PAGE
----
The basic download is pretty painless though the screen where you transfer the app to your applications folder is kind of busy with cartoon characters, and the drag and drop happens from right to left, which is the opposite of how it usually goes. Once this is done you can go into your applications folder and open the “chameleon.”
The client is mobile sized, and it’s a little rough in terms of its visual design. We found it was mostly a cosmetic affair. It offers you a selection of servers but if you click on one of them while connected to another it disconnects with a sound of breaking glass. Then you have to click on the “dashboard” button which opens a separate window and reconnect from there.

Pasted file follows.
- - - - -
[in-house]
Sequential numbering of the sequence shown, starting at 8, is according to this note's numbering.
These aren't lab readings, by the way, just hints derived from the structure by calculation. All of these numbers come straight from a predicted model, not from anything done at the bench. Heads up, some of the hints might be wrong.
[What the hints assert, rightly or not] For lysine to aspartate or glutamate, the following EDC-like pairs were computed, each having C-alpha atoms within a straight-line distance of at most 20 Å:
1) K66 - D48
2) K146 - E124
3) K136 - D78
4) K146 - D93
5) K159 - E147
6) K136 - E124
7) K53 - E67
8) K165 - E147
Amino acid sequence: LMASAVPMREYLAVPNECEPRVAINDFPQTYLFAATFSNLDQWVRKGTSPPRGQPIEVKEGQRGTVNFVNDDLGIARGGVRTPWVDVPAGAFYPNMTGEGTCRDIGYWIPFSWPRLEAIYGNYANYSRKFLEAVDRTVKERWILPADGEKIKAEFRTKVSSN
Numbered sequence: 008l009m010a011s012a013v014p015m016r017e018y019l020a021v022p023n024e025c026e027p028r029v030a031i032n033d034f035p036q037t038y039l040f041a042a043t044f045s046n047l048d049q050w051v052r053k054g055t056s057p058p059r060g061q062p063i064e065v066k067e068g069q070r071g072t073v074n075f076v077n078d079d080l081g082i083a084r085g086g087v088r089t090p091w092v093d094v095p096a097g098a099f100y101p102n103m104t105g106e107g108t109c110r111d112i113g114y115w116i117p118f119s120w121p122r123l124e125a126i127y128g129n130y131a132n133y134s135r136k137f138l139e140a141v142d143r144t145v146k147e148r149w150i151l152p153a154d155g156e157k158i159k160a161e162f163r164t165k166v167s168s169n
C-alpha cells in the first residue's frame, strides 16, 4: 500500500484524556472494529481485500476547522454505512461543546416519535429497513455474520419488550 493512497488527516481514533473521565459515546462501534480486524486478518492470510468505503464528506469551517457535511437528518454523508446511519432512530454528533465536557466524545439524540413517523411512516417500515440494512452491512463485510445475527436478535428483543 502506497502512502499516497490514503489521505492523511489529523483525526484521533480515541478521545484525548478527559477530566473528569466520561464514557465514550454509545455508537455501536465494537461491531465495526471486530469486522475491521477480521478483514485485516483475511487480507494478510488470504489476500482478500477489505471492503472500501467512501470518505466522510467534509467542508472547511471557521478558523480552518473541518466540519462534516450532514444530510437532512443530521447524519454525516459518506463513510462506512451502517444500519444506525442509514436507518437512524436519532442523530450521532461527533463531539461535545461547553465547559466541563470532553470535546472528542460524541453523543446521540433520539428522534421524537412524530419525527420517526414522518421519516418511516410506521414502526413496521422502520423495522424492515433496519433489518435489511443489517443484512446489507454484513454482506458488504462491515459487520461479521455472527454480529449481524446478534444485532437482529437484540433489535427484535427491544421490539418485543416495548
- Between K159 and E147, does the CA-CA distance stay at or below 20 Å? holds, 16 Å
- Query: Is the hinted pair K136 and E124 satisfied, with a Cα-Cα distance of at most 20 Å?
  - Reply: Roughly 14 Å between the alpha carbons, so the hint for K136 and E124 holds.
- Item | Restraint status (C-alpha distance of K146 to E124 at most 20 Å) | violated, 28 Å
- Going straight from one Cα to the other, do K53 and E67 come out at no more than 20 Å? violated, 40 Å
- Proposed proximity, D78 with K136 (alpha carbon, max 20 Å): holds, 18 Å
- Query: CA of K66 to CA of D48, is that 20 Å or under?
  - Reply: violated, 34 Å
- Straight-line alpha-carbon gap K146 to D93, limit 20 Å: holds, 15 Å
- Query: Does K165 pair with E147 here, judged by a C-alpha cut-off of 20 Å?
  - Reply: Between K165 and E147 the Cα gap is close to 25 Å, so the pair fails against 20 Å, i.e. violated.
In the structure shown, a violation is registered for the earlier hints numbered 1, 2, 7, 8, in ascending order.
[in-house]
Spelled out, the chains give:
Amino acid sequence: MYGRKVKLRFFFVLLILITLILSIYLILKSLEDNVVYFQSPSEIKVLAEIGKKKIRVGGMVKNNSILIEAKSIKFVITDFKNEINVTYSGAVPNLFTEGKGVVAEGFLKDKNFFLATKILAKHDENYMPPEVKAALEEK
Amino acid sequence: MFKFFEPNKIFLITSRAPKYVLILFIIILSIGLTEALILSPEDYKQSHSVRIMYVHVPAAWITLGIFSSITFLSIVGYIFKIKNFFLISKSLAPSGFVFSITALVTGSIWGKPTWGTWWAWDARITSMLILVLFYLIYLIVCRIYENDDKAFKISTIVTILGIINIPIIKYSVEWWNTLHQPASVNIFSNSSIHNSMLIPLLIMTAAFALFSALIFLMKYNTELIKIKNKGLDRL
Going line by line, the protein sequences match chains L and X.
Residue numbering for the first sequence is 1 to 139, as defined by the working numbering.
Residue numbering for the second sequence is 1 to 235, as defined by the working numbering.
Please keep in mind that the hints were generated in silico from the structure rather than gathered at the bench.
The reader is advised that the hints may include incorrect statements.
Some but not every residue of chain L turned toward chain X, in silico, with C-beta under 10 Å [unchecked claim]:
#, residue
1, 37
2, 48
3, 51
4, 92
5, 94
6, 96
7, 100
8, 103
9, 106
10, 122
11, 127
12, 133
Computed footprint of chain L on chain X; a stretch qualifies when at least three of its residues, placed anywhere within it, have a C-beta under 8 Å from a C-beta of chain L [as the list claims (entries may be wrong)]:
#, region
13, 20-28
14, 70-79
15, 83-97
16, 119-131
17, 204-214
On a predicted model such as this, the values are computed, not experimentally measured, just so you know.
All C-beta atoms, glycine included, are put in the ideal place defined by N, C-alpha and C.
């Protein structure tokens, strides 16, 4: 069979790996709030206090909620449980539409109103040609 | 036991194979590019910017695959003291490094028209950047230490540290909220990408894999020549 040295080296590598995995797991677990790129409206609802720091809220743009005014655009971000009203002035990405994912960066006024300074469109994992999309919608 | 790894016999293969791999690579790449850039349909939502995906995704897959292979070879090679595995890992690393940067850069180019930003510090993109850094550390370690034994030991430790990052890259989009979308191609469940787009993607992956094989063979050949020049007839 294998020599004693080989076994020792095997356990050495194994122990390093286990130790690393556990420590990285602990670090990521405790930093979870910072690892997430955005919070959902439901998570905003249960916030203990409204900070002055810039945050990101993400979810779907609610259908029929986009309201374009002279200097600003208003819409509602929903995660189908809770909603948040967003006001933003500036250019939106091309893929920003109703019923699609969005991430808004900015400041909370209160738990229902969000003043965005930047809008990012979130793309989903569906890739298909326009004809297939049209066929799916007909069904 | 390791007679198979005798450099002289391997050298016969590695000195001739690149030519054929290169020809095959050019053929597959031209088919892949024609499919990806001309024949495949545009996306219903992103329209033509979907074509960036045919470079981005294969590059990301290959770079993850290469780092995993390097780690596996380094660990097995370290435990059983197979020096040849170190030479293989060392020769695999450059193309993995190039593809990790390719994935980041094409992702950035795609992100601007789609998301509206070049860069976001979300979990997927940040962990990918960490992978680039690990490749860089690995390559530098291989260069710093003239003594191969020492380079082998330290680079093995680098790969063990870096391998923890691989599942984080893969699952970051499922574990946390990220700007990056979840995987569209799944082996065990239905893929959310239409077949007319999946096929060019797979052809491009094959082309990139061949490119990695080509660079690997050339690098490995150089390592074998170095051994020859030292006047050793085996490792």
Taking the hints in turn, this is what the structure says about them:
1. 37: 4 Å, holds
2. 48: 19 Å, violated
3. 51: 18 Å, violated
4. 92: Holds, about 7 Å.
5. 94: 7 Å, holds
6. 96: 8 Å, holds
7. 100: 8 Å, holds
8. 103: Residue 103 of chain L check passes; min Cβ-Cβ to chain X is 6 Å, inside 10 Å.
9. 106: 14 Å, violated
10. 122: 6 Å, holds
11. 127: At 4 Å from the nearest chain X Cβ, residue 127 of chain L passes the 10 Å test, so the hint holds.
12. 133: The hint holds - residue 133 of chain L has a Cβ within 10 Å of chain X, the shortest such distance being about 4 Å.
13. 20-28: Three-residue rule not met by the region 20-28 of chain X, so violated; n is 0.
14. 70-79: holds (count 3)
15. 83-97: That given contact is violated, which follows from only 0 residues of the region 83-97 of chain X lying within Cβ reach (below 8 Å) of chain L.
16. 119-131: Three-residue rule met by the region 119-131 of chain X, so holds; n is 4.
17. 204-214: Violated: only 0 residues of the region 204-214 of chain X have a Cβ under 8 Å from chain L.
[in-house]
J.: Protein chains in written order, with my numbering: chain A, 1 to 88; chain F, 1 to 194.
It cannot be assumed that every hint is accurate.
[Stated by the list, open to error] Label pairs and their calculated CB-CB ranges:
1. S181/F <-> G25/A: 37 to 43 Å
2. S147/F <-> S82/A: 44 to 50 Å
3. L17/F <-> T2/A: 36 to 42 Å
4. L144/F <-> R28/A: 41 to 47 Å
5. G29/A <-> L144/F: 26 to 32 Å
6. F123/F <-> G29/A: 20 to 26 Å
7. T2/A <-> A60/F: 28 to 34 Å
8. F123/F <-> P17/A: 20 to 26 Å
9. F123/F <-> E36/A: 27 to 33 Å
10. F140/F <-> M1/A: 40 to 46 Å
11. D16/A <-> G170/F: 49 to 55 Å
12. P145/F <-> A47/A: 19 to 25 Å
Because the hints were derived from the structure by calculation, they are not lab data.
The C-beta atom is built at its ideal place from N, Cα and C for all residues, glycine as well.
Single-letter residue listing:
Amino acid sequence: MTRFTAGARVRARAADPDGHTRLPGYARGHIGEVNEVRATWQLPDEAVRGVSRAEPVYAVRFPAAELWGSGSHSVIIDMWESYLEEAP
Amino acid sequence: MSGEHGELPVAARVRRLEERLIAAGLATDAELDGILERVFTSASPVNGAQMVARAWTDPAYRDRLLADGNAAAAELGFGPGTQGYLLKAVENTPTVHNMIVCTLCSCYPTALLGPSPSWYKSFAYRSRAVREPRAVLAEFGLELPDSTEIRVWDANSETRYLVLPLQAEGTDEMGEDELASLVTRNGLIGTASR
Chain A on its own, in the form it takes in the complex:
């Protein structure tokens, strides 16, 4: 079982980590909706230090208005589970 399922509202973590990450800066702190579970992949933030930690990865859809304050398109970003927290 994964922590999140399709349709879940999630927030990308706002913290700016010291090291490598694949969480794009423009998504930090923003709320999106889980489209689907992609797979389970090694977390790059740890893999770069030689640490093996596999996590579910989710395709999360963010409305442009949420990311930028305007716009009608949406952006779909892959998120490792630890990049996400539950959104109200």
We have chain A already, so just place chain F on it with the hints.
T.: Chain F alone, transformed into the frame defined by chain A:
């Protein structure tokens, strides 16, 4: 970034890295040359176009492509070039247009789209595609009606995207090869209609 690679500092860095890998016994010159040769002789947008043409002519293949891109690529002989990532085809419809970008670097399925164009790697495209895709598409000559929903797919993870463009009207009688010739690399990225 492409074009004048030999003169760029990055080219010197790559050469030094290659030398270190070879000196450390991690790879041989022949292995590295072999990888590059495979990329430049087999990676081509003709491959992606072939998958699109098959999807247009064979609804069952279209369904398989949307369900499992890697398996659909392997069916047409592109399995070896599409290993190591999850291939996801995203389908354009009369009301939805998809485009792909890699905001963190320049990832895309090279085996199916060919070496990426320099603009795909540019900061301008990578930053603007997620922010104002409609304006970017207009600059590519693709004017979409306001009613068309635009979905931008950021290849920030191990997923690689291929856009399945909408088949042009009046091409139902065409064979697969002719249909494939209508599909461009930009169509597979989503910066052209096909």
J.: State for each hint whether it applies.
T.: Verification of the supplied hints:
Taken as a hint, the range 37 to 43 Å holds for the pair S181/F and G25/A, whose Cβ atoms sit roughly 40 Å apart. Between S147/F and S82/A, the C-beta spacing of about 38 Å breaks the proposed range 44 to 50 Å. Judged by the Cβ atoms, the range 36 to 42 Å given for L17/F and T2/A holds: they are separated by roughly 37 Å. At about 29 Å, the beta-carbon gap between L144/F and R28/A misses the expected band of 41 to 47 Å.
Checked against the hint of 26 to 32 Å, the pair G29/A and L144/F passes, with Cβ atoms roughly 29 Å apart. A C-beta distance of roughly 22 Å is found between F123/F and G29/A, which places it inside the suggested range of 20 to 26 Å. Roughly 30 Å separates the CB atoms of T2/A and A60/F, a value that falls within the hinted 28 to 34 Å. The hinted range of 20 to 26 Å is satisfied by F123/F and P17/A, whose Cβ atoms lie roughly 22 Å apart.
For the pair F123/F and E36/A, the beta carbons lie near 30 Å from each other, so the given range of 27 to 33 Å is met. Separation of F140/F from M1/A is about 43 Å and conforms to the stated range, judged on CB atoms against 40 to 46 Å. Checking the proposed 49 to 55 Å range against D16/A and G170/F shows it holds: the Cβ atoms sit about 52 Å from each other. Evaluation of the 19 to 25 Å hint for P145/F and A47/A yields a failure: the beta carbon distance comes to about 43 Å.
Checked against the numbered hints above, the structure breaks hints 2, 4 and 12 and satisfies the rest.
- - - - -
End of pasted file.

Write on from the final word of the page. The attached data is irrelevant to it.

The dashboard takes up most of your computer screen and annoyingly it doesn’t disappear when you click on one of the other windows behind it. You have to click the “x” at the top left of the screen to get rid of it. To get it back you then go into the icon in the menu bar, bring up the “chameleon,” press the dashboard button and it pops up again.
The list of servers is also present on the dashboard as a pop up menu. There’s a connection button that you press once you’ve selected a server, and if you click on another server you can get the impression that you’ve changed from say Austria to Singapore but actually you have to disconnect and reconnect manually. It’s a poorly designed way to change servers.
You need to input your username and password in the dashboard to do anything with the VPN, but it will remember your details and so you don’t have to do it every time you connect. The dashboard contains most of the features listed above, but they don’t all work very efficiently.